Gerrie Schipske, who represents the fifth district, also criticized the measure.
“I would be hesitant to support an ordinance that clearly has not been discussed or deliberated in this body,” Schipske told the Council. She repeated other arguments against the measure that LA County Supervisor Don Knabe has voiced. Only property owners in the county received a notice of the public hearing, and only property owners were told they could formally protest the additional parcel fee. As it’s currently proposed, if the County calls for an election, only property owners could vote on whether they want to pay the parcel fee. Knabe has advocated on his website that all voters should decide on the fee in a general election, not just the property owners.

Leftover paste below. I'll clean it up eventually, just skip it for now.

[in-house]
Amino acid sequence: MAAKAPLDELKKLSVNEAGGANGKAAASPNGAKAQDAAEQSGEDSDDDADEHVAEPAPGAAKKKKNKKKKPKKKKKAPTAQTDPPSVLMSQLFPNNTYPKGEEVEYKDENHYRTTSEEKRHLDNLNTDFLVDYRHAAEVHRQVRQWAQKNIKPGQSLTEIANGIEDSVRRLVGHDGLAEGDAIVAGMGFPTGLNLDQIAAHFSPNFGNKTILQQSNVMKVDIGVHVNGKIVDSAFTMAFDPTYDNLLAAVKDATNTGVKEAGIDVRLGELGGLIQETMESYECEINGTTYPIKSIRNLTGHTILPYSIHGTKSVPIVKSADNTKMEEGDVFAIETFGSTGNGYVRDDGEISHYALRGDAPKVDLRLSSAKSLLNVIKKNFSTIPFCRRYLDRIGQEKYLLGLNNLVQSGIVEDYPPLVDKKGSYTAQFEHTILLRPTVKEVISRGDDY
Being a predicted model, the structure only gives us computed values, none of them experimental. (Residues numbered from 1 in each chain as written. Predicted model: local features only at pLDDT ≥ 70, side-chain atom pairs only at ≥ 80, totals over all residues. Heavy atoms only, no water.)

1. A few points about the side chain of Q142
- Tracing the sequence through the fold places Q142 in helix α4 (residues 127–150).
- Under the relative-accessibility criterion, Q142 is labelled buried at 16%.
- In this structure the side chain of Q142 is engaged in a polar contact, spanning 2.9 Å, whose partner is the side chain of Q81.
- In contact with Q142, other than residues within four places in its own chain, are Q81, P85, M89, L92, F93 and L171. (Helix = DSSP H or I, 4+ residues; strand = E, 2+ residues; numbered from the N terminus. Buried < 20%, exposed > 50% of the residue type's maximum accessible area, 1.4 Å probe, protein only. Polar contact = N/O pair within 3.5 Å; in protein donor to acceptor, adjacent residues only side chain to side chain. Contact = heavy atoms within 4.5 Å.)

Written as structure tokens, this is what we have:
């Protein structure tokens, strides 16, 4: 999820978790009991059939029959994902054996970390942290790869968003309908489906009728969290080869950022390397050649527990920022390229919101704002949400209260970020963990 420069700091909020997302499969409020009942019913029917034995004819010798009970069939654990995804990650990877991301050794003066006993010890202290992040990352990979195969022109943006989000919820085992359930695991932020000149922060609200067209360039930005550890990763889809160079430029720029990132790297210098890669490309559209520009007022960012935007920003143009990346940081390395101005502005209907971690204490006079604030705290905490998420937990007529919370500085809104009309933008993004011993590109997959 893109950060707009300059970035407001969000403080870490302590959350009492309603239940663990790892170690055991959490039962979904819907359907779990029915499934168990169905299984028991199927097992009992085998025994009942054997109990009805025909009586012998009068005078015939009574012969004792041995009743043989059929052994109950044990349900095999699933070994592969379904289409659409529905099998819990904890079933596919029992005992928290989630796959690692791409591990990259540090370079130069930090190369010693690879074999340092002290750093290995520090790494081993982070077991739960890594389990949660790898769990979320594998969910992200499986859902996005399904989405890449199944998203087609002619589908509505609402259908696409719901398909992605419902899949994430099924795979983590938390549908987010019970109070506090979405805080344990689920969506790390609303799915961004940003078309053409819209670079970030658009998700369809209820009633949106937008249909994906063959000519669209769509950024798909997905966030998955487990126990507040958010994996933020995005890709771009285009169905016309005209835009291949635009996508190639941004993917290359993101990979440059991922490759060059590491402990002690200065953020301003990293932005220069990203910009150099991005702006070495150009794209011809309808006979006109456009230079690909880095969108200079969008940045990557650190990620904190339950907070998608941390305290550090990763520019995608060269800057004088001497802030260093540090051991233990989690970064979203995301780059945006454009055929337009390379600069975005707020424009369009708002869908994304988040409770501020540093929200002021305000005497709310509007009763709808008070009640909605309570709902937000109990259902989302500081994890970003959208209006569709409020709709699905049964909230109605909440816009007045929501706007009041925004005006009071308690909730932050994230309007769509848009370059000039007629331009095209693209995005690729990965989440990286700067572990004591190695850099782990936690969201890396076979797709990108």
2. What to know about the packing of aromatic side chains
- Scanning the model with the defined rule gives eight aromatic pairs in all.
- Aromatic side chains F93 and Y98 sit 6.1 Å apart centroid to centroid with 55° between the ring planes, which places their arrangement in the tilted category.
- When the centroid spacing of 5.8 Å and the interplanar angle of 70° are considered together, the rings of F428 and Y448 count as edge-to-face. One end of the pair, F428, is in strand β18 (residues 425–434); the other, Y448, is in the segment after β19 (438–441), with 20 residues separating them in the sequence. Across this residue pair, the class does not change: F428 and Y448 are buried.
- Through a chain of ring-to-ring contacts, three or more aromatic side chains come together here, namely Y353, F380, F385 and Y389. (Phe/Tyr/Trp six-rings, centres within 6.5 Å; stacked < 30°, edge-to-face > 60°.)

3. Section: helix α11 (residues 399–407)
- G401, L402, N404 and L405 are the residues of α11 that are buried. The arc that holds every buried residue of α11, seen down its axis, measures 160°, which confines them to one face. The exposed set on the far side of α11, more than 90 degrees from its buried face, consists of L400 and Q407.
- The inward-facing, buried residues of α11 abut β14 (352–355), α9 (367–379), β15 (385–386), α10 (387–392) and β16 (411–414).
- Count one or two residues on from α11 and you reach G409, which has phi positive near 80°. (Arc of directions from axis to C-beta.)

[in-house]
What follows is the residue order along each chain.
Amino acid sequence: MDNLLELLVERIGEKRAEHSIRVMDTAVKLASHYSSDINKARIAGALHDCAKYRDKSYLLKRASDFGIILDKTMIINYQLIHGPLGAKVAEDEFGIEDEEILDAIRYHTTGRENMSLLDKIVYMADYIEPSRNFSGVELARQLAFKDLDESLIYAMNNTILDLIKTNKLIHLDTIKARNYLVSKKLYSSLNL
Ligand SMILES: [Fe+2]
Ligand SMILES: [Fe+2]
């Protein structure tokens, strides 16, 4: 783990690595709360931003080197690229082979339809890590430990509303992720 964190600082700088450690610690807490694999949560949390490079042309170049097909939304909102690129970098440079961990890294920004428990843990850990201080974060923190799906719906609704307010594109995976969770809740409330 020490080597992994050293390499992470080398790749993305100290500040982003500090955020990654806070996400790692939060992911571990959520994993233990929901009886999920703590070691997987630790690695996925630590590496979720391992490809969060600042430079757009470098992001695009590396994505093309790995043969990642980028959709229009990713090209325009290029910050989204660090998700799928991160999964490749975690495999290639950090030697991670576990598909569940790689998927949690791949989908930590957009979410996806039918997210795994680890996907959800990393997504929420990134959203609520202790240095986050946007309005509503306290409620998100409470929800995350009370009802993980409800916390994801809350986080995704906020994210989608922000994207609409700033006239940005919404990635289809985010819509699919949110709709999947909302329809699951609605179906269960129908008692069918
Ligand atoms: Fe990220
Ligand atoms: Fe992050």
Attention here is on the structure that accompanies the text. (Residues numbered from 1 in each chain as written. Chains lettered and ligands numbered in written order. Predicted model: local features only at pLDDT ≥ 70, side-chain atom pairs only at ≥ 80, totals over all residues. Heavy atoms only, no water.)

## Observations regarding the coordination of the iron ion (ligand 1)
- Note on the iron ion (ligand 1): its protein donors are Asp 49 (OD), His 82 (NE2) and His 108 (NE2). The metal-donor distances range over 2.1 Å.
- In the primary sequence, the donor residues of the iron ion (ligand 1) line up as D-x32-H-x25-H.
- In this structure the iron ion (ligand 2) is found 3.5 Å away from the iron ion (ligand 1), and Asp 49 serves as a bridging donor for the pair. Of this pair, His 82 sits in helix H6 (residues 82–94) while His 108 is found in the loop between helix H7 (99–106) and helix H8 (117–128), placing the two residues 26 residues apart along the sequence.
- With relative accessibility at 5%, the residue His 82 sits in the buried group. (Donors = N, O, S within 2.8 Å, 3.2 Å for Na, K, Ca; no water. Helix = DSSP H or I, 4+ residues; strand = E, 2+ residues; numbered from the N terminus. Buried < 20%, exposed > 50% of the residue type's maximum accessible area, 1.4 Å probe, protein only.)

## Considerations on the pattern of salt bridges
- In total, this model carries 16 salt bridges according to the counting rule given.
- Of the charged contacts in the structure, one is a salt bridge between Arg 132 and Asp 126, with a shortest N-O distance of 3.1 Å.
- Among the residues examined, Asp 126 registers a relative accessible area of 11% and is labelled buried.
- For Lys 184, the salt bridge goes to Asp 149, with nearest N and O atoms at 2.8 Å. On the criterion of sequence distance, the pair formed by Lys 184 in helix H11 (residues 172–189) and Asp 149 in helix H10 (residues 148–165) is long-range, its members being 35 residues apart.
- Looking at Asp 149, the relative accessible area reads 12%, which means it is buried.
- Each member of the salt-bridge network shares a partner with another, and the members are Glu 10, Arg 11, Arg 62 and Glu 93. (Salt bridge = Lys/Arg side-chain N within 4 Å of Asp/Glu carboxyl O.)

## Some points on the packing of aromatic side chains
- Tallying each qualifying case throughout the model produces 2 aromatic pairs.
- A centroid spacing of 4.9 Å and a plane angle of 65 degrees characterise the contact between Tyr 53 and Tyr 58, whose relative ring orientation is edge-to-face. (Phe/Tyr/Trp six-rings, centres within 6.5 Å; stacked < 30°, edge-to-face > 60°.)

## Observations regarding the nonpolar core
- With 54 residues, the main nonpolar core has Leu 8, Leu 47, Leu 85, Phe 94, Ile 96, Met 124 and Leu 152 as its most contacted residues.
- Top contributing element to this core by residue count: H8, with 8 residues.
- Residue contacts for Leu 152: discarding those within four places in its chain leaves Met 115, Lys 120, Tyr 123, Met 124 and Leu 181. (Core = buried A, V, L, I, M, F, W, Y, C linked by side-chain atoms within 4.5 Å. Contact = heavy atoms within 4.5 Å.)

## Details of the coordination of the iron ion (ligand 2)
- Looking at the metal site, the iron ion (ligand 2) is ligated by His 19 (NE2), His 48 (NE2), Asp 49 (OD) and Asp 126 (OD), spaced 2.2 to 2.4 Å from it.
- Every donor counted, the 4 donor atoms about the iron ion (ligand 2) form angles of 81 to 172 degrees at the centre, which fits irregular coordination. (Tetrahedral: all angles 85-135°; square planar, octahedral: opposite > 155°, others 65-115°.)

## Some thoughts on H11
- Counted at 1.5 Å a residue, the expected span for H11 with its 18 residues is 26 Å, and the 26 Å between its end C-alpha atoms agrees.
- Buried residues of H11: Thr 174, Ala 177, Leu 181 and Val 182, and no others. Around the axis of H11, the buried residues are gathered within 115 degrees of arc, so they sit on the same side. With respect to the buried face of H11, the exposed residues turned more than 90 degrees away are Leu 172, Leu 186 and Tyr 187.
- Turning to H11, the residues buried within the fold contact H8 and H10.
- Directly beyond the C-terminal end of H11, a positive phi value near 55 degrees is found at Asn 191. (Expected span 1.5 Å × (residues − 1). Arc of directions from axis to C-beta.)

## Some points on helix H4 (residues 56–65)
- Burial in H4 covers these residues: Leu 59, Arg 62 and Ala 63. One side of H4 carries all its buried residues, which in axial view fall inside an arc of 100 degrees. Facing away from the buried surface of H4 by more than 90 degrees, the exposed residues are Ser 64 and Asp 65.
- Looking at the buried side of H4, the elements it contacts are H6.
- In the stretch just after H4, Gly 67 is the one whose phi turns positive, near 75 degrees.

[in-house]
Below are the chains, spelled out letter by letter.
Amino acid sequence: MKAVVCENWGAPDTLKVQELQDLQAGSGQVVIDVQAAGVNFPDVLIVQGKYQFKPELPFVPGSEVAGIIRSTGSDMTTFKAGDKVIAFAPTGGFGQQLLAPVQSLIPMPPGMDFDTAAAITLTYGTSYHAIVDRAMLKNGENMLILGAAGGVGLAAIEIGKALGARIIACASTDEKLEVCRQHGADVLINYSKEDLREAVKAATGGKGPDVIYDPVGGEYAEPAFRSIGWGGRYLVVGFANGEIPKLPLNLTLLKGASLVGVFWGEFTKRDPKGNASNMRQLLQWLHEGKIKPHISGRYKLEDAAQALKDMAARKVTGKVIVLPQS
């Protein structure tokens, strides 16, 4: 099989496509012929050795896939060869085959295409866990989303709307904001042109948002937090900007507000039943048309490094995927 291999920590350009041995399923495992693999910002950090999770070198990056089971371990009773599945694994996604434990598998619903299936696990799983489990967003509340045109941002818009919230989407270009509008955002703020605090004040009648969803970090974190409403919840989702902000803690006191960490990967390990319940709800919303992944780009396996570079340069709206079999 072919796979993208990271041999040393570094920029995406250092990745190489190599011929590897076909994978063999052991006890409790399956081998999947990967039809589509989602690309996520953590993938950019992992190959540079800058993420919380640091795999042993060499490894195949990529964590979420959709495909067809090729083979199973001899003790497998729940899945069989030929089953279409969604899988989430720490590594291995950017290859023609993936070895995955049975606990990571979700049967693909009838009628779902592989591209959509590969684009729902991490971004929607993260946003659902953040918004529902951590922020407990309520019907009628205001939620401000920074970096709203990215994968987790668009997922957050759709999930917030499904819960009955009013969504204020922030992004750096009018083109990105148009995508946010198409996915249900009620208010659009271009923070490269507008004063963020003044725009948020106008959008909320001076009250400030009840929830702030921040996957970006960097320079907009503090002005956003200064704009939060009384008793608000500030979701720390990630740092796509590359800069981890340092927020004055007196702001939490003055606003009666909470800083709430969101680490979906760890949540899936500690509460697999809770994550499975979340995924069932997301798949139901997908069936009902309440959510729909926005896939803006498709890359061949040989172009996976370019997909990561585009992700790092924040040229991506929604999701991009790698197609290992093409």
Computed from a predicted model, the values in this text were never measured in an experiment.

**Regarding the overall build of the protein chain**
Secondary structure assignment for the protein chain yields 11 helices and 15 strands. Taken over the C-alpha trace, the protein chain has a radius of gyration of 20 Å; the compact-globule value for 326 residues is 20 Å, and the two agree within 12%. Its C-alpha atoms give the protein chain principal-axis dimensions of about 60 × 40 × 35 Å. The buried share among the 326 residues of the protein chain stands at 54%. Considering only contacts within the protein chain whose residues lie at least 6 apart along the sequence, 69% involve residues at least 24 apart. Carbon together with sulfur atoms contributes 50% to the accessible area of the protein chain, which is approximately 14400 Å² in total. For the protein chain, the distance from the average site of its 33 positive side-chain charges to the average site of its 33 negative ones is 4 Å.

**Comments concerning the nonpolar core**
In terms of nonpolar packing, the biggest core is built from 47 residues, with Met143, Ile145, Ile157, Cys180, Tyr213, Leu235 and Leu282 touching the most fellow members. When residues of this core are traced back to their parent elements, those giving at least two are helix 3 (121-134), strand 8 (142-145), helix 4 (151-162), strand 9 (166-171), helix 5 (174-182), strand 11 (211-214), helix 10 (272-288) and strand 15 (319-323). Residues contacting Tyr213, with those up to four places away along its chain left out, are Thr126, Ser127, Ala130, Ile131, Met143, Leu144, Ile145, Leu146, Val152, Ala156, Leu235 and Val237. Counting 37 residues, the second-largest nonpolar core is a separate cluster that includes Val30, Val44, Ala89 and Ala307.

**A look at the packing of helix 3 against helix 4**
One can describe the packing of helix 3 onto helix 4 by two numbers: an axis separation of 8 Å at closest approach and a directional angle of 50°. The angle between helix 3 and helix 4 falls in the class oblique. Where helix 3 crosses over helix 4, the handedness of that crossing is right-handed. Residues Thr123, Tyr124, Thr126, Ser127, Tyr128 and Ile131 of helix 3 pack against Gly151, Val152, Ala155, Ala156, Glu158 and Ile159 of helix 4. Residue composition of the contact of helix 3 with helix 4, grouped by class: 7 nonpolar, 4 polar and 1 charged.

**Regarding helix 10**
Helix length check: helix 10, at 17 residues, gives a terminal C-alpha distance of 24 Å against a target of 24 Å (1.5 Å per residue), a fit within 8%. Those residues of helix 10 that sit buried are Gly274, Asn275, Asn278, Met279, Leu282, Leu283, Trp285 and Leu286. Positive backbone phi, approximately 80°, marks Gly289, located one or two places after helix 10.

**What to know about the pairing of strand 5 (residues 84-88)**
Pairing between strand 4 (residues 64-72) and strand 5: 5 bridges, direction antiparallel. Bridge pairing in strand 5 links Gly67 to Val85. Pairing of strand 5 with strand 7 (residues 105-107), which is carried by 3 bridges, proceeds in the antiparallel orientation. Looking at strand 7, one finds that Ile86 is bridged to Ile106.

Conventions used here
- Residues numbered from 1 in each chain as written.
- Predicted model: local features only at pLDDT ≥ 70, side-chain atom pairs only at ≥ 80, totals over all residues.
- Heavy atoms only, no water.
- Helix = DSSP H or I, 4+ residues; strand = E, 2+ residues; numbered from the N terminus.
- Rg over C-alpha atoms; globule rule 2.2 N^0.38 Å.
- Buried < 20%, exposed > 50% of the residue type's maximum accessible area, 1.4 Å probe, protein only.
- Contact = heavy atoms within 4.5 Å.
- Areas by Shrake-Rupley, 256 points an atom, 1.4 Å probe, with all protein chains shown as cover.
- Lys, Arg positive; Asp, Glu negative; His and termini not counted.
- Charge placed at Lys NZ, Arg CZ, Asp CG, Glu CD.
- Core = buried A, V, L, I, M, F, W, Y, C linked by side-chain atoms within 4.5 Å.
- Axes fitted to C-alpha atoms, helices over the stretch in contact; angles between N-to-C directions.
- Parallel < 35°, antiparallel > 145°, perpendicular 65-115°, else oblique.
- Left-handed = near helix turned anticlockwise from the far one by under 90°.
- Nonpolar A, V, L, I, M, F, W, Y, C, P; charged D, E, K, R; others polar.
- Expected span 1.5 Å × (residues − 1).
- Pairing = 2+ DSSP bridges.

The Council voted 6-2 in favor of supporting the measure. Councilmembers Schipske and Al Austin voted against supporting the measure. Councilmember Gary DeLong was not present for the vote.
According to Kerjon Lee, a spokesperson for the county’s public works department, the County’s board of supervisors has some options at the public hearing on Jan. 15 when it discusses the measure and determines the number of protest votes. Lee said in an interview earlier this month that the board of supervisors could quash the measure, set an election date or keep the election open but postpone it until after the fiscal year.
Property owners in LA County should have already received a notice in the mail, however Knabe’s office has extra copies of the notice of the public hearing and protest form at knabe.com . For more information on the measure itself, the county’s flood control district has set up an information line and website. Call (800) 218-0018 or go to lacountycleanwater.org .